The pro-democracy camp has in recent months accused the Hong Kong authorities and the central Chinese authorities in Beijing of tightening management over the semi-autonomous Chinese territory in response to calls for for more democracy. They say authorities are destroying the autonomy promised to town, a world monetary middle with greater freedoms than mainland China.
The three former lawmakers disrupted conferences debating the now-approved National Anthem ordinance, which criminalizes any insult to or abuse of the Chinese nationwide anthem, the “March of the Volunteers.”
On May 28, Hui rushed to the front of the legislature, dropping a rotten plant and making an attempt to kick it on the legislature’s president. Chu splashed a bottle of liquid within the legislature.
One week later, Chan hid a pot of pungent liquid in a paper lantern and attempted to method the front of the chamber, but dropped it after he was stopped by safety guards. On the identical day, Hui also splashed some liquid on the front of the legislature and was escorted out.
Both instances, emergency services had been referred to as to the venue, and a number of other pro-Beijing lawmakers reported feeling unwell.
Chu and Chan give up the legislature in protest after Hong Kong chief Carrie Lam postponed legislative elections by one year, citing the coronavirus pandemic. They said the postponement breached the Basic Law, Hong Kong’s mini-constitution, which got here into effect after the previous British colony was returned to China in 1997.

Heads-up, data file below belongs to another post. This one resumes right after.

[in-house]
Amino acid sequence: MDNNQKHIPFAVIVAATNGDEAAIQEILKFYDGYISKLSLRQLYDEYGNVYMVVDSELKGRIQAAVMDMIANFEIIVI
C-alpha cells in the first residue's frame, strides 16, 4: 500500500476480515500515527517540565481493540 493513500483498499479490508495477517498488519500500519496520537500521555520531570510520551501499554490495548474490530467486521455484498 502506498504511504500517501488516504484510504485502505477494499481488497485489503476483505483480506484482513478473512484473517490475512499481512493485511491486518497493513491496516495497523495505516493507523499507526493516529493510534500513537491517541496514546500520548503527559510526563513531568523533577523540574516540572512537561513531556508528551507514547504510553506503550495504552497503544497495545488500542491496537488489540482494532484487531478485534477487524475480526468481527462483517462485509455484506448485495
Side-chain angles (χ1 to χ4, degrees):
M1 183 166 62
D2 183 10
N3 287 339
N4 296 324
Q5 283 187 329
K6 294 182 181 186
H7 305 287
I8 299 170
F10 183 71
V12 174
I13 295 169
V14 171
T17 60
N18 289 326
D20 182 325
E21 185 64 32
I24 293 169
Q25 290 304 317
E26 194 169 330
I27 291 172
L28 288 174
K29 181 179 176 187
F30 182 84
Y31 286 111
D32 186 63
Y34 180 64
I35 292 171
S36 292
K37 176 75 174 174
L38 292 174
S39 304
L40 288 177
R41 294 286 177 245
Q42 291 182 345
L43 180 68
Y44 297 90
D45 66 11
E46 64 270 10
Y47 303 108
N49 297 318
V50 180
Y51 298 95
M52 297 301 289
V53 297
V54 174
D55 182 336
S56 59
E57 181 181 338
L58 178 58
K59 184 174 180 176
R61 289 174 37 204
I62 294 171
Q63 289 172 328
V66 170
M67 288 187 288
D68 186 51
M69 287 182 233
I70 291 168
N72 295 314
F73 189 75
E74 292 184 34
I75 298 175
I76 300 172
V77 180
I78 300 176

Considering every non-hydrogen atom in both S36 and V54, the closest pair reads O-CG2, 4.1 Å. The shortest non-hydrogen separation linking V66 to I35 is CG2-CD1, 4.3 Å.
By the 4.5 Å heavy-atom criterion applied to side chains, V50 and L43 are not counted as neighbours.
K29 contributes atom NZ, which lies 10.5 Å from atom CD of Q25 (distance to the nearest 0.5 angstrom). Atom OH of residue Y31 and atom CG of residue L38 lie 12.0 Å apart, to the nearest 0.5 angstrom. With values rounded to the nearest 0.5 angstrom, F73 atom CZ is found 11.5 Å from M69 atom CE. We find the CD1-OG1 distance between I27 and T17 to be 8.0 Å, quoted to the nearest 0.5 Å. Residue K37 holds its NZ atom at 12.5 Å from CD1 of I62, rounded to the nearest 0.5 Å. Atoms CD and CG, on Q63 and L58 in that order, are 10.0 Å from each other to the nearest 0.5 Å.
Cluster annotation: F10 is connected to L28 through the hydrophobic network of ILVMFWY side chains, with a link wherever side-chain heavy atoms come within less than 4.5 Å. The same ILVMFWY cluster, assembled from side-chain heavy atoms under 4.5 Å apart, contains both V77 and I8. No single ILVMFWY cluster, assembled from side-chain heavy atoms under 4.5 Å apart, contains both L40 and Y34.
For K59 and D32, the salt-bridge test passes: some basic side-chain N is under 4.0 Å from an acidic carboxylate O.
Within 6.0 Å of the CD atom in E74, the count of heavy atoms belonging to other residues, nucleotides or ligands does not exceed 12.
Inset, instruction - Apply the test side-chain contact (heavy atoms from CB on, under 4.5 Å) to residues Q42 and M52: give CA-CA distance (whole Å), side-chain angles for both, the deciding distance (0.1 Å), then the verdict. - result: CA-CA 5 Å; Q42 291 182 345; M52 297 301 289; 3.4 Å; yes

The pro-democracy camp had hoped to win a majority within the elections that had been slated for September. They have criticized the postponement of the elections as an attempt by the pro-Beijing authorities to thwart their efforts.
The arrests of the lawmakers is the most recent in a string of arrests in recent months. Earlier this month, seven pro-democracy lawmakers — together with Chu and Chan — had been arrested over one other chaotic legislative assembly on May 8.
During that assembly, scuffles had damaged out between the pro-Beijing and pro-democracy camps as they debated over who would preside over a committee that oversees bills. The pro-democracy lawmakers arrested had been accused of dashing the chairperson’s desk, bumping into safety guards and throwing sheets of paper from the general public gallery.
Last week, 15 pro-democracy lawmakers resigned en masse after Beijing handed a decision that resulted within the disqualification of 4 of its members from the legislature. Hui and one other lawmaker, Claudia Mo, left their posts last week, while the remaining lawmakers are anticipated to stay on till Dec. 1. The resignations leave the physique with nearly no opposition voice.